20 Words and Phrases You Had No Idea Were Coined in New York City
Hey, youz! Check out all these vocab gems that were born in New York City!
Sounds like a word from Wyoming, but it was actually the term given to bands of men who rustled cows in New York in the 1800s. This one’s an oldie but a goodie. Try using it in a sentence with one of these brand-new words added to the dictionary in 2019.
Coined by New Yorker Washington Irving in 1836: “The almighty dollar, that great object of universal devotion throughout the land…”
Meaning “worthless” or “absurd,” this word may come from the inability of early 20th-century kids in Manhattan’s Lower East Side to pronounce decalcomania, a cheap picture to be transferred onto wood or china (a decal). This oddball word can be tricky to spell—how many m’s are there?—but it’s got nothing on the most commonly misspelled words in the English language.
Sent Up the River
Slang for “sent to prison.” The river is the Hudson and the prison is Sing Sing, which is upriver from New York City.
It got its name because secondhand items have fleas, right? Guess again. Downtown Manhattan was home to vallie (valley) markets in Dutch Colonial days. The term was abbreviated to vlie (pronounced “flee”) market, and was eventually anglicized to flea market. Add this one to the list of 10 English words you won’t find in any other language.
This grilled sandwich of corned beef, Swiss cheese, sauerkraut, and Russian dressing on rye bread was invented at Reuben’s Delicatessen in Manhattan at the turn of the 20th century.
At his death in 1848, New York fur trader John Jacob Astor was worth $20 million (about $80 billion in today’s dollars). The term was first applied to him. Try out these funny words that will improve your vocabulary.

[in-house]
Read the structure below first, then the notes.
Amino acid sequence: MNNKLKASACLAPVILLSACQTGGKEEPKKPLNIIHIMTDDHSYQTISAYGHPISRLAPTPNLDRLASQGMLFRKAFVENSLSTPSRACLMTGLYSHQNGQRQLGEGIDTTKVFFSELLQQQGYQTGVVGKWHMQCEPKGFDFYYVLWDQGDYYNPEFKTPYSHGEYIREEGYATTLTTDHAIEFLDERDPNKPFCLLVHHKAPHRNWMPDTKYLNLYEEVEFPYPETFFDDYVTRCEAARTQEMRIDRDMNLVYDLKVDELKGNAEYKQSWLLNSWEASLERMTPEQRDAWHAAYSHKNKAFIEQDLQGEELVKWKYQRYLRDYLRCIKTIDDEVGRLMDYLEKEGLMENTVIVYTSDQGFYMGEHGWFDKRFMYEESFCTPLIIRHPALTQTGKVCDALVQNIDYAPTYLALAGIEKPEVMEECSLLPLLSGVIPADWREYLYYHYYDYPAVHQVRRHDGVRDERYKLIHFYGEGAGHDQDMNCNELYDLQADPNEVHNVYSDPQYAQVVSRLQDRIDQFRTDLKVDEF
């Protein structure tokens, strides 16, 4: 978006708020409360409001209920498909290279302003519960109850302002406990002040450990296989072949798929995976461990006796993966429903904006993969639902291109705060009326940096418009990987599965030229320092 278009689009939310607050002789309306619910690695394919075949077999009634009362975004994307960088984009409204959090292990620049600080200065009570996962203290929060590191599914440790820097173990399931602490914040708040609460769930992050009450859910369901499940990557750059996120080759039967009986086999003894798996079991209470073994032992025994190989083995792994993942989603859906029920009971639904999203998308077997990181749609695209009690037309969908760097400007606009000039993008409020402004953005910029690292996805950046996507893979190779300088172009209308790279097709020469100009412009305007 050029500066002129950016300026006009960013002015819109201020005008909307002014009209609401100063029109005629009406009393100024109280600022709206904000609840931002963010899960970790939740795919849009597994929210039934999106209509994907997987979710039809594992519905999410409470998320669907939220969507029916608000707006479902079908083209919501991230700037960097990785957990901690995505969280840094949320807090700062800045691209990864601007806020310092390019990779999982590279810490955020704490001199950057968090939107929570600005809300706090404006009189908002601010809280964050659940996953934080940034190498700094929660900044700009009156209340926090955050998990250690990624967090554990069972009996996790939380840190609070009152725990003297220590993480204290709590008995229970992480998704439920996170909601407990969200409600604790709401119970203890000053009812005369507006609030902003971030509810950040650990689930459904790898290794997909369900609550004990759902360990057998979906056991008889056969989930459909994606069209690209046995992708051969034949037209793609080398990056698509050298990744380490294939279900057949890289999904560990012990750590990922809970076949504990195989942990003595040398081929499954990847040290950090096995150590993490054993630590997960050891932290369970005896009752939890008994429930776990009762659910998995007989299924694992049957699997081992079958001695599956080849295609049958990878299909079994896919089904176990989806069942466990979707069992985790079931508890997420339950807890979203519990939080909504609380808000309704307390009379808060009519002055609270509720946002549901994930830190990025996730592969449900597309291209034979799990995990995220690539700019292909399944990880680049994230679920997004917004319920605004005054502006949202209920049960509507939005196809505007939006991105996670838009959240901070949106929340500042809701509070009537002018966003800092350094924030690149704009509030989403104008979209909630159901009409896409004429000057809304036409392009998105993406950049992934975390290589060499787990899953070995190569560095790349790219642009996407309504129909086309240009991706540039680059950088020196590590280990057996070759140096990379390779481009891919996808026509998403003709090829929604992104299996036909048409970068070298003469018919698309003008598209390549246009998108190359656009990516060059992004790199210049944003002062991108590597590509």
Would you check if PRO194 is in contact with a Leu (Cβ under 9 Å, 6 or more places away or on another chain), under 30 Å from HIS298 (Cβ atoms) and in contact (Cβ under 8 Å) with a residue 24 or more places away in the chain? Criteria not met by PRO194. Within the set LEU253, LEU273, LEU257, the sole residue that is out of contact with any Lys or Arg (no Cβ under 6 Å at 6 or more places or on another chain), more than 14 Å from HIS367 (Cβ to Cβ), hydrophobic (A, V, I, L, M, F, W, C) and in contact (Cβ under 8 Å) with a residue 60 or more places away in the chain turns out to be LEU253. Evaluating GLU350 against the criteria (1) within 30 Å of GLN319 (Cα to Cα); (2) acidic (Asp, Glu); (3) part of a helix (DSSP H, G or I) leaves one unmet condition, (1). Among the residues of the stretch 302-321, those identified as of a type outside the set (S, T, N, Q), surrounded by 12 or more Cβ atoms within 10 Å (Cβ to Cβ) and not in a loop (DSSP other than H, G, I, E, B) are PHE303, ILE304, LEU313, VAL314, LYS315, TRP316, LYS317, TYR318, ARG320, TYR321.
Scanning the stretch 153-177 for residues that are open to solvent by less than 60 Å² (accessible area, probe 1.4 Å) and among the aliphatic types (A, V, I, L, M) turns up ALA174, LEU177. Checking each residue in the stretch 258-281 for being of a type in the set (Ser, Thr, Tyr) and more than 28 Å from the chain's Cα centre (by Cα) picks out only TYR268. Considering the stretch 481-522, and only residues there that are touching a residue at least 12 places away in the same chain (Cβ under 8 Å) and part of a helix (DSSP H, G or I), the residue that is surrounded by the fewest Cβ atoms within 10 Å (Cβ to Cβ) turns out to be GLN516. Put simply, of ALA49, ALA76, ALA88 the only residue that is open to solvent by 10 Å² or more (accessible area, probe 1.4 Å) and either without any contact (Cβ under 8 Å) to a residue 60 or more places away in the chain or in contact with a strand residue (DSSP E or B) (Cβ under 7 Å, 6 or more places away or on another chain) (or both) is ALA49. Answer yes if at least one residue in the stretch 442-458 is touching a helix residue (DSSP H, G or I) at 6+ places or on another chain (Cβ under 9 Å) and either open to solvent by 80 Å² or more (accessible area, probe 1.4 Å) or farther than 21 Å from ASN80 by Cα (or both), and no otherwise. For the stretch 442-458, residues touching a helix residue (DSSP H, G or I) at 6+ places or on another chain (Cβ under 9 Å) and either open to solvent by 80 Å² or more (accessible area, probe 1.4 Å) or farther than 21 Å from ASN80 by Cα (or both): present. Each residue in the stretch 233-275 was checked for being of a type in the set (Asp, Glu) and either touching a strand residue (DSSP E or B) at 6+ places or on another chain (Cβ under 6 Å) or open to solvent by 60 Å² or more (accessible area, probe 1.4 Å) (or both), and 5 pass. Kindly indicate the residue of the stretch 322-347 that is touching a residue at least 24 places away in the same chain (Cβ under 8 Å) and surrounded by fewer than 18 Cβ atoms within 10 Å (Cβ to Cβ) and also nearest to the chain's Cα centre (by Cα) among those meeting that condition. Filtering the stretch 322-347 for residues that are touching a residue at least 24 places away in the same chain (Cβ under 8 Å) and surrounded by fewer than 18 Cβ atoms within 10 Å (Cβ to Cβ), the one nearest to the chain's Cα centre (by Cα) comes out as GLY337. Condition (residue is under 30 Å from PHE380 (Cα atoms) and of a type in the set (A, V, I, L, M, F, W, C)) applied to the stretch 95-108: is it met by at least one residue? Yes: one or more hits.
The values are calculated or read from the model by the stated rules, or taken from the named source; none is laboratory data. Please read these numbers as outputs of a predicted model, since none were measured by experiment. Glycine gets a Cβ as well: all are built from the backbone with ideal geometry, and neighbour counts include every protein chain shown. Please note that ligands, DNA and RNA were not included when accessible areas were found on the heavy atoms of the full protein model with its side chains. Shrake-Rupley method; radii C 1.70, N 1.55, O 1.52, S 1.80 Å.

First used to describe commuter gridlock on New York streets in 1890.
An acronym of “young urban professional.” This term comes from New York City in the 1980s. Possibly coined by Jerry Rubin, one of the founders of the 1960s yippie movement. This made-up word became real and we hope the same happens with these hilarious made-up words you’ll want to start using immediately!
Named in 1814 for the New York restaurant that popularized it, Martin Morrison’s Porterhouse.
Coined in 1990 by San Francisco 49ers running back Roger Craig, describing his hopes for a third Super Bowl win the following year. (They didn’t threepeat.) This one sounds like a completely made-up word but we promise, it’s totally real! Still, you’re probably a lot more likely to use one of these “words” people say all the time that aren’t actually words.
A baseball term meaning to hit the ball softly. Most likely a corruption of the word butt (as in “butting” the ball with the bat). The first known utterance of bunt was in 1872 by a player named Pearce on the Brooklyn Atlantics.
Keeping Up With the Joneses
Created by New York cartoonist “Pop” Momand in 1913 as the title of a comic strip that showed middle-class people living beyond their means. It was originally going to be called “Keeping Up with the Smiths,” but Momand changed it because he thought “Joneses” sounded better.
The first one appeared on the October 27, 1777, edition of the New York Gazette. Newspappers may have made up this word which ended up being printed in every dictionary every, however, these fake words that actually ended up in dictionaries are there for a whole different reason!
More Fun and Fascinating Facts!
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